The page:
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Can child dental anxiety be managed with CBT?

The British Society of Paediatric Dentistry (BSPD) recommends a resource called 'Your teeth, you are in control' to help anxious children cope with their dental appointment or treatment.

Dental anxiety is a reality for many children, who may require special measures to help them cope with having a dental appointment as well as treatment. Children with dental anxiety are frequently referred to specialist services in hospital or clinics for a general anaesthetic which has additional challenges and risks.

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'Your teeth, you are in control' was developed by the University of Sheffield School of Clinical Dentistry and is underpinned by cognitive behavioural therapy (CBT).

Now, working with other dental schools, Sheffield is undertaking a £1.6 million trial funded by the National Institute for Health Research (NIHR) to investigate the approach. The study will involve 600 children aged 9-16 and will examine whether CBT helps them manage their dental treatment at their family dental practice.

Principal Investigator, Professor Zoe Marshman from the University of Sheffield's School of Clinical Dentistry and Honorary Consultant in Dental Public Health at Sheffield Teaching Hospitals Foundation Trust, said: 'Traditionally, children with dental anxiety have been referred by high street dentists to specialist services for sedation or general anaesthetic. This approach does nothing to stop their fear, and they may go on to spend a lifetime avoiding the dentist'.

The study will involve children from 30 dental practices and clinics across England and Wales. Working together, dental professionals, children and their parents will set out to understand what specifically is making the child anxious; they will be given information and choices about the procedures they may need, activities to help them cope, and support with talking to the dentist.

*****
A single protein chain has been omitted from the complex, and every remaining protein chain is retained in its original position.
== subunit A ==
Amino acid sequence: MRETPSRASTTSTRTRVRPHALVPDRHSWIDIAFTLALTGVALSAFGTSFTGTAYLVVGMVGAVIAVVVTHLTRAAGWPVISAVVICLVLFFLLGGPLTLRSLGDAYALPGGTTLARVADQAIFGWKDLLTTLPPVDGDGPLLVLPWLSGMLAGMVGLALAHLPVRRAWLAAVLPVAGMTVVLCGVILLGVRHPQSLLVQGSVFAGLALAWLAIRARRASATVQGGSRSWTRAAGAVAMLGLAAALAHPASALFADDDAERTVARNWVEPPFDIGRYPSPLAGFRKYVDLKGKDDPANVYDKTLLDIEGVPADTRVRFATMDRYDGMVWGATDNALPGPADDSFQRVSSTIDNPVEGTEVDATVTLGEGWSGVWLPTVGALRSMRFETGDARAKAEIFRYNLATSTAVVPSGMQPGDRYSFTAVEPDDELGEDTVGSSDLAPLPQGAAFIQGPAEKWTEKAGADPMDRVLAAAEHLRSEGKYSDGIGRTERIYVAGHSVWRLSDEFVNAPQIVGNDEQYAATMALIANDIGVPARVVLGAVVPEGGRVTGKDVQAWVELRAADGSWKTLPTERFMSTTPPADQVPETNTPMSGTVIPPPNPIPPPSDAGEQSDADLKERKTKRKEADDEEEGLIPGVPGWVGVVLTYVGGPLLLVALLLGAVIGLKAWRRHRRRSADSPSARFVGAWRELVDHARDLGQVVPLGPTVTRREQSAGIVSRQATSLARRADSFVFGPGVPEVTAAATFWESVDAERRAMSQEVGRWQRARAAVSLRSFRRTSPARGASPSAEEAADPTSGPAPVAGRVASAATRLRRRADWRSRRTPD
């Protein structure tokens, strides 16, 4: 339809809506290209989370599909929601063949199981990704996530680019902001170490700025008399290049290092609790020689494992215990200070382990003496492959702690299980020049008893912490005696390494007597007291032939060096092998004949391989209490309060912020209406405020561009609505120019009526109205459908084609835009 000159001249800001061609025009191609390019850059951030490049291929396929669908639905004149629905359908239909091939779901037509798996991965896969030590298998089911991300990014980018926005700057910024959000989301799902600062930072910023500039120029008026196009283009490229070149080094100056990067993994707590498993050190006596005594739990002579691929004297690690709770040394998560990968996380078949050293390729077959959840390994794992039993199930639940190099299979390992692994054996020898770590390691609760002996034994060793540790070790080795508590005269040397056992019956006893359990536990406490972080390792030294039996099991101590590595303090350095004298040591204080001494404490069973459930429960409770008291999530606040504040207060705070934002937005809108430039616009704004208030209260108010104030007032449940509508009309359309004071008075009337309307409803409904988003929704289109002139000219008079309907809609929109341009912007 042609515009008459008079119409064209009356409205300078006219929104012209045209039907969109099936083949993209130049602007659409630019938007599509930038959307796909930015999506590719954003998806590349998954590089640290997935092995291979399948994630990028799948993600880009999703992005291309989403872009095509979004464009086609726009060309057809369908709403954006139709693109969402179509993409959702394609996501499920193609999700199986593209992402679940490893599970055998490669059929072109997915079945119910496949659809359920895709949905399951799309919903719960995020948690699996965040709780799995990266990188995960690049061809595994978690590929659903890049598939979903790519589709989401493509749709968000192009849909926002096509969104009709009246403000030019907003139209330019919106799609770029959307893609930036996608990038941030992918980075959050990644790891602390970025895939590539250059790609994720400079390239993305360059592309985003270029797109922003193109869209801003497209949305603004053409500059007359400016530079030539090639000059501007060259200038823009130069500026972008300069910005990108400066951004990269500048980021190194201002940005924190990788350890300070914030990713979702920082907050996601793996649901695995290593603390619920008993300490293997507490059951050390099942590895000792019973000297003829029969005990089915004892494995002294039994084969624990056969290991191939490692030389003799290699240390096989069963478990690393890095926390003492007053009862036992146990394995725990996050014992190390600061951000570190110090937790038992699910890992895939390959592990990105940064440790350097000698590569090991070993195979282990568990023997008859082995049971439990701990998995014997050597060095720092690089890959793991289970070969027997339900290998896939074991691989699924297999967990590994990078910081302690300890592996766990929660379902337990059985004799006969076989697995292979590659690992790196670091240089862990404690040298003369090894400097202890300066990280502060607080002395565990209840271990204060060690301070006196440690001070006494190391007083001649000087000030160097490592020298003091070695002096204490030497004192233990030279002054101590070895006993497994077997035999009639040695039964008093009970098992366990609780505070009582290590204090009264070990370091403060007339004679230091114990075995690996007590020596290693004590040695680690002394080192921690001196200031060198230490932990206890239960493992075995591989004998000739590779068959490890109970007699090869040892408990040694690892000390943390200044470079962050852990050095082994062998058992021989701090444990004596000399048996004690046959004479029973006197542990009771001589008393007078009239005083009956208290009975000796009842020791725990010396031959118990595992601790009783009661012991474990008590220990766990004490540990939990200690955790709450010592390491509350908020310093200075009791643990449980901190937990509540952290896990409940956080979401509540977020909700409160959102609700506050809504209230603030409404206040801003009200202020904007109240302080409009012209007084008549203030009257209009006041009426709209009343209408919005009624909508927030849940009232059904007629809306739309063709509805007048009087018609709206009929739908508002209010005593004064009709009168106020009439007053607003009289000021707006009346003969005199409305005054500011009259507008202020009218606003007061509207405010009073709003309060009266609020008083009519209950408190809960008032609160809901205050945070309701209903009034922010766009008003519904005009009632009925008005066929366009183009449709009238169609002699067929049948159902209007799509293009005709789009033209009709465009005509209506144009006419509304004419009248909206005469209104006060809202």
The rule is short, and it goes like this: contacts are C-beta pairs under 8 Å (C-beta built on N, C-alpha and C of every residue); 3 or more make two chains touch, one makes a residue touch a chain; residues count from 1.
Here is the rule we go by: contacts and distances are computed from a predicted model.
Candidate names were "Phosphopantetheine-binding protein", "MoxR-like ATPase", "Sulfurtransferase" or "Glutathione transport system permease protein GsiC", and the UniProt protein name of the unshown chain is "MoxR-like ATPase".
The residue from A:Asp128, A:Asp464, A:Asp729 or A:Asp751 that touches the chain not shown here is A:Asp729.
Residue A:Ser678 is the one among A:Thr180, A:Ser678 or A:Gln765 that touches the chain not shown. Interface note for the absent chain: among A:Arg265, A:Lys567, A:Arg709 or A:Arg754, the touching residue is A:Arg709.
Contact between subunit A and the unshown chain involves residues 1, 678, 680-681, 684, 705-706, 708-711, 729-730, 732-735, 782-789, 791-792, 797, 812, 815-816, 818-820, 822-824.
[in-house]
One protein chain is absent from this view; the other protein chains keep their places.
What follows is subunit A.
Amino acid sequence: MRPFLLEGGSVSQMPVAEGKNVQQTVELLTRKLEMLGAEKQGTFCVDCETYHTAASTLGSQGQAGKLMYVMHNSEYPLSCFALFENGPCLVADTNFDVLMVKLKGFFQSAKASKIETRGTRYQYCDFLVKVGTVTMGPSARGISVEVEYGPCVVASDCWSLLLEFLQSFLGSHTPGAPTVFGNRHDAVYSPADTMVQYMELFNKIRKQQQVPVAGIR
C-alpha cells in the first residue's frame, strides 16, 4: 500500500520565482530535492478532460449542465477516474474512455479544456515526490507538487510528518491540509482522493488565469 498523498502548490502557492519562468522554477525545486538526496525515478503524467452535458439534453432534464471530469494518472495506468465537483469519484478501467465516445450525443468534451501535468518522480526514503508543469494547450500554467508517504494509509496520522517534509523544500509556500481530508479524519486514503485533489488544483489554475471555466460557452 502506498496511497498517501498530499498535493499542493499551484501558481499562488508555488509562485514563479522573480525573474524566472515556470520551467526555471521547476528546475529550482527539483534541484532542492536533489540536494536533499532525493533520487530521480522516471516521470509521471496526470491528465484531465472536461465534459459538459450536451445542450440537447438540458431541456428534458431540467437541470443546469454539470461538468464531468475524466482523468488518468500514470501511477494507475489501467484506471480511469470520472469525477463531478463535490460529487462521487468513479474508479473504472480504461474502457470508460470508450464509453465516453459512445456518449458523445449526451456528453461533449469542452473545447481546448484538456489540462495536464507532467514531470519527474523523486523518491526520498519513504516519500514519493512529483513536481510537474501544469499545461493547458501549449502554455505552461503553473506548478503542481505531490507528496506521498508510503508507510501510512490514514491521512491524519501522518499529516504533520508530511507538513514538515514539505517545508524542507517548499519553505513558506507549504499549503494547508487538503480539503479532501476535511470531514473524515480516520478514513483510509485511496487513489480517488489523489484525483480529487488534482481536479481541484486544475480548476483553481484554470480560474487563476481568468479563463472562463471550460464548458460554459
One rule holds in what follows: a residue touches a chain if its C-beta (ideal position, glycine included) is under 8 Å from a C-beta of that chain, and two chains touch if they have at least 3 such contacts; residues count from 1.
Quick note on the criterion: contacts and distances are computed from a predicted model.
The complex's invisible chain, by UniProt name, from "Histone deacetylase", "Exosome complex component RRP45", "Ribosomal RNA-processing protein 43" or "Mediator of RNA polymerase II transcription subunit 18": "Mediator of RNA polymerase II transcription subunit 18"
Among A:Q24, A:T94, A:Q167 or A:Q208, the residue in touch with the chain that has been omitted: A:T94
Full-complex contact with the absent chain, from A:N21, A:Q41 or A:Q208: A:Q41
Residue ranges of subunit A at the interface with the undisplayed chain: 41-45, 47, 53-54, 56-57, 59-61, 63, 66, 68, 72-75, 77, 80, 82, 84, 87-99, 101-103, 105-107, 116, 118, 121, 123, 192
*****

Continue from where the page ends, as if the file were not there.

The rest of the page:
Professor Marshman said: 'There is strong evidence to support the use of CBT, a talking therapy, for anxiety and mental health conditions; however, there is currently very limited research into CBT delivered specifically by dental professionals for children with dental anxiety.

'If our study finds CBT resources delivered by dental professionals are effective, then children can be helped directly in high street dental practices without the need to travel for dental treatment in hospitals.'

The four-year trial alsoinvolves Sheffield Hallam, Cardiff, King's College London, Leeds, Newcastle and York. It is called CALM: 'the clinical and cost-effectiveness of a guided self-help cognitive behavioural therapy intervention to reduce dental anxiety'andis overseen by Sheffield Teaching Hospitals NHS Foundation Trust. The collaborative team of researchers are looking to recruit 60 dentists to take part in the study which will start in September 2021.

Dental professionals or practices interested in taking part in the study can contact z.marshman@sheffield.ac.uk for more information.

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Can child dental anxiety be managed with CBT?. Br Dent J 230, 389 (2021). https://doi.org/10.1038/s41415-021-2925-z

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